if it is amicable, you can agree anything you want (almost)
 
#6
Daytona955 said:
Judge D

On a personal note, what is the outcome normally for the 'sharing' of a military pension and when is this payable to the spouse? Mine is being a right bitch an demanding £27,000 to be bought out of it after just 10.5 years together. Doesn't seem to be quite fair to me.

What does the judge/court take into consideration when dealing with pension stripping?
one of my later articles was going to be on pensions in divorce so I will be brief here now (since i dont have time do write a full reply):

in essence pensions can be offset, earmarked or shared. offsetting a pension means you are trading off the value of the pension against another asset, say the house. earmarking means that the original pension stays intact but when the pension holder retires, the other party gets a proportion of the monthly sum paid and possibly a proportion of the commuuted lump sum. Finally, a shared pension is where some of the value of the pension is physically lifted from the one partys pension and put into the other partys pension.

I dont recall militray wills being capable of being shared, i would need to check that for you again. Getting old and all that!

There are many further considerations to take into account, Pm me with more details and I will see how i can help further. You say you were together for 10.5 years but how long have you had the pension?
 
B

Biscuits_AB

Guest
#7
Daytona955 said:
Judge D

On a personal note, what is the outcome normally for the 'sharing' of a military pension and when is this payable to the spouse? Mine is being a right bitch an demanding £27,000 to be bought out of it after just 10.5 years together. Doesn't seem to be quite fair to me.

What does the judge/court take into consideration when dealing with pension stripping?
Are you not entitled to any of her occupational pension for the duration of the same period? Seems a tad one sided.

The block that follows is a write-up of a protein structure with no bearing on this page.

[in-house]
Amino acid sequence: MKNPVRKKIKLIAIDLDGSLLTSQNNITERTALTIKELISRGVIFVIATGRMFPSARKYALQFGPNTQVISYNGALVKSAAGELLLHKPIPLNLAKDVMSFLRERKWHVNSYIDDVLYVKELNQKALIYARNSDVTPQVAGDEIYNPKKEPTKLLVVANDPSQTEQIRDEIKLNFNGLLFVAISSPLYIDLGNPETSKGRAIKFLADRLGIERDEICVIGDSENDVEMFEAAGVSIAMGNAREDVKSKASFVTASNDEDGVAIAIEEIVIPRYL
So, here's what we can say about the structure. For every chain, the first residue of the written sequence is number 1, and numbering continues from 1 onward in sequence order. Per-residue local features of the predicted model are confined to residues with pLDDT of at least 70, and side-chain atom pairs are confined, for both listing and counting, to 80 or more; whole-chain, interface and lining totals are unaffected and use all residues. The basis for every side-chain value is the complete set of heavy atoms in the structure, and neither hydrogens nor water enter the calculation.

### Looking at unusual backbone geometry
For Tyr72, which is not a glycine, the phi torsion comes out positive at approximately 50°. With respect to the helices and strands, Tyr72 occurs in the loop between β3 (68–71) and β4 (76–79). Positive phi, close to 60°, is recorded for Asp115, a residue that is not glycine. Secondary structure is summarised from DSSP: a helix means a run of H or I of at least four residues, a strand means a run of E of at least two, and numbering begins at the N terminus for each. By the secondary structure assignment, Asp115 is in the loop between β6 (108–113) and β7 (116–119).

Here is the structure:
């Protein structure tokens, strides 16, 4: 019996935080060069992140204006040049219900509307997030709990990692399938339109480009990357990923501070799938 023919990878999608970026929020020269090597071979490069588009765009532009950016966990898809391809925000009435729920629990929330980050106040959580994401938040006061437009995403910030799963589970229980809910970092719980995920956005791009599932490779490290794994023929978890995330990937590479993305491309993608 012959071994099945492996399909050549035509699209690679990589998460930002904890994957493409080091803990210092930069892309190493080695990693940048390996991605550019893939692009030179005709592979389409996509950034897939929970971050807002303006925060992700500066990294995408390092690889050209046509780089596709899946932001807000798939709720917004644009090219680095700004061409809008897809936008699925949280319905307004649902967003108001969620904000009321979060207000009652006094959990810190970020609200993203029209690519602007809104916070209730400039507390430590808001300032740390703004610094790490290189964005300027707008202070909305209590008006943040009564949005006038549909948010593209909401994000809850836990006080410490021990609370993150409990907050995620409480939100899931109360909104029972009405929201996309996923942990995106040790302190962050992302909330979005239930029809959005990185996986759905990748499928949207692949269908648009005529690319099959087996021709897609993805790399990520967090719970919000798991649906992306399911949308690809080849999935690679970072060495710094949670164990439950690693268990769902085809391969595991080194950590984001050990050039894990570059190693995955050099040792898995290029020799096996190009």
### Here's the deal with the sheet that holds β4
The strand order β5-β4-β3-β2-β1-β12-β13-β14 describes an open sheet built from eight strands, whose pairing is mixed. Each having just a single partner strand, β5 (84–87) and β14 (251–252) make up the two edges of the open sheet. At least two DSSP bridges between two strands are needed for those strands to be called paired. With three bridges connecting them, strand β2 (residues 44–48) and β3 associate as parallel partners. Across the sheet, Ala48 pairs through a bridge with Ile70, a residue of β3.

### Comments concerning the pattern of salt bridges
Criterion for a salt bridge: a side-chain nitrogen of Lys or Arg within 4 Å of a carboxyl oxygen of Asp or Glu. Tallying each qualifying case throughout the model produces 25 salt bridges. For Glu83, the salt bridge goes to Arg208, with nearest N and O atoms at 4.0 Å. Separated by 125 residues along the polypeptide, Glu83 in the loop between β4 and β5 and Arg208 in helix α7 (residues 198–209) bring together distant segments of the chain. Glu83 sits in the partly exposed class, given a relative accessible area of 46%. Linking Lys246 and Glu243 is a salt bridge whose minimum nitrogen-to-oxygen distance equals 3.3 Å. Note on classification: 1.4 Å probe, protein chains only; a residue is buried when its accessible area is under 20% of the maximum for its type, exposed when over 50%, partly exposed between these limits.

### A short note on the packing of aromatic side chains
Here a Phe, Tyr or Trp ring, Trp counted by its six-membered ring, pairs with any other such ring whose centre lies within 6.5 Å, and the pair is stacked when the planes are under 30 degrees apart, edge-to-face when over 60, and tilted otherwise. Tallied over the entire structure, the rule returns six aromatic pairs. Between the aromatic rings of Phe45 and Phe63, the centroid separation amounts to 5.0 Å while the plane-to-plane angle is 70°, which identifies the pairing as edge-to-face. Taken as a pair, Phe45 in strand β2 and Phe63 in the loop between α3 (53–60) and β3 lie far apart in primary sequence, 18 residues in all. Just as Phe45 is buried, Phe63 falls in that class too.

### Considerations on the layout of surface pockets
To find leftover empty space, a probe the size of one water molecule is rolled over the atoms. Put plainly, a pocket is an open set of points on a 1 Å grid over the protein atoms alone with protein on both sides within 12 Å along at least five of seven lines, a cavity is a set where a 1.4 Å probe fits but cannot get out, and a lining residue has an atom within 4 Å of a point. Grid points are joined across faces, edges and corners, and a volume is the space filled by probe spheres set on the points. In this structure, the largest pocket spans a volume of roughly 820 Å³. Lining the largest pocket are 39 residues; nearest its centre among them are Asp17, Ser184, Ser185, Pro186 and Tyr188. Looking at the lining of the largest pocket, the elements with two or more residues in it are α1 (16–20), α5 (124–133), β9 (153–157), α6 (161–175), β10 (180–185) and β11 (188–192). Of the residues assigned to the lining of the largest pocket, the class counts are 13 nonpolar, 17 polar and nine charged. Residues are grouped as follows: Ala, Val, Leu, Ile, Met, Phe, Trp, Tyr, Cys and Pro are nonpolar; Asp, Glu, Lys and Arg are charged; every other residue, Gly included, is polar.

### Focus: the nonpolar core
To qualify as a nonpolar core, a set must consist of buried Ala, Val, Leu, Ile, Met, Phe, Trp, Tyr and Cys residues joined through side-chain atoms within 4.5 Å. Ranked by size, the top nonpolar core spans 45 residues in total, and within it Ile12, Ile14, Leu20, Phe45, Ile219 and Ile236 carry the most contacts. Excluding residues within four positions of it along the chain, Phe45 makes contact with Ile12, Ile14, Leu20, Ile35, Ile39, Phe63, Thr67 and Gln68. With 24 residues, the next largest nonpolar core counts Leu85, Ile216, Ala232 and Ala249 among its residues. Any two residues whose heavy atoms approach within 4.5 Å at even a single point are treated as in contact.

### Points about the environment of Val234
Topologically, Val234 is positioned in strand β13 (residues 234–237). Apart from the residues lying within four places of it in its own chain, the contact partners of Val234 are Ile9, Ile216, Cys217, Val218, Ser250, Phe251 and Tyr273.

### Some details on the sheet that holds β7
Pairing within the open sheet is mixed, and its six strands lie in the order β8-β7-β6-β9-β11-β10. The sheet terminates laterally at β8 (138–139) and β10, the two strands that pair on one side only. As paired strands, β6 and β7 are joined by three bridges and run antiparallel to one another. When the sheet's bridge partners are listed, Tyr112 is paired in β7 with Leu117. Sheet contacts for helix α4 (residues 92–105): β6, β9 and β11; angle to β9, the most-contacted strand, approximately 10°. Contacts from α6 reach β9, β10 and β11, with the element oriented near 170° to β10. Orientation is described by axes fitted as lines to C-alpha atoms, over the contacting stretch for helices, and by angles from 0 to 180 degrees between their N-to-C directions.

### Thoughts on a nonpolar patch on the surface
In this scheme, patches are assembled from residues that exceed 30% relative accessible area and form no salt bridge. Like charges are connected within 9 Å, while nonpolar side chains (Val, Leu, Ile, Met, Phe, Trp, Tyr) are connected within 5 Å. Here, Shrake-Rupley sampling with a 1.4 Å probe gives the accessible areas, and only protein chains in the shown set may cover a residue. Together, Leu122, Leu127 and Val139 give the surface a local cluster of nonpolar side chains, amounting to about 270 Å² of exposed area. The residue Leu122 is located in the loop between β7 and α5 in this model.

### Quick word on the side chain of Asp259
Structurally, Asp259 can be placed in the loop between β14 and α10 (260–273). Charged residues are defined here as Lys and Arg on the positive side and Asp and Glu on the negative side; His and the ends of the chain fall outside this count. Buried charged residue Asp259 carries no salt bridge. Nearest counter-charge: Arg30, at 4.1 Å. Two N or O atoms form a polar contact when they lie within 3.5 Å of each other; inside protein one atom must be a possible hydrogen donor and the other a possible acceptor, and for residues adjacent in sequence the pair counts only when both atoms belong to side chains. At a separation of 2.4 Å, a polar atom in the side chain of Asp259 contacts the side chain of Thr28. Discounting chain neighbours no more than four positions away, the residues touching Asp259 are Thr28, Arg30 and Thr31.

#8
Biscuits_AB said:
Daytona955 said:
Judge D

On a personal note, what is the outcome normally for the 'sharing' of a military pension and when is this payable to the spouse? Mine is being a right bitch an demanding £27,000 to be bought out of it after just 10.5 years together. Doesn't seem to be quite fair to me.

What does the judge/court take into consideration when dealing with pension stripping?
Are you not entitled to any of her occupational pension for the duration of the same period? Seems a tad one sided.
yes he would be - in exactly the same way
 
#10
Just a couple of quickies on savings and property. When I separated we split the savings as they were 50/50. In the event of divorce proceedings will this be taken into account or can the ex demand a further 50 percent of my current saving.
I also heard somewhere that you can change the title deeds on the house if it is not sold so that if the wife retains the property due to the kids and location of school a future partner cannot gain financially should the house be sold. Is this correct?
Many thanks
 
#11
JudgeDredd said:
Daytona955 said:
Judge D

On a personal note, what is the outcome normally for the 'sharing' of a military pension and when is this payable to the spouse? Mine is being a right bitch an demanding £27,000 to be bought out of it after just 10.5 years together. Doesn't seem to be quite fair to me.

What does the judge/court take into consideration when dealing with pension stripping?
one of my later articles was going to be on pensions in divorce so I will be brief here now (since i dont have time do write a full reply):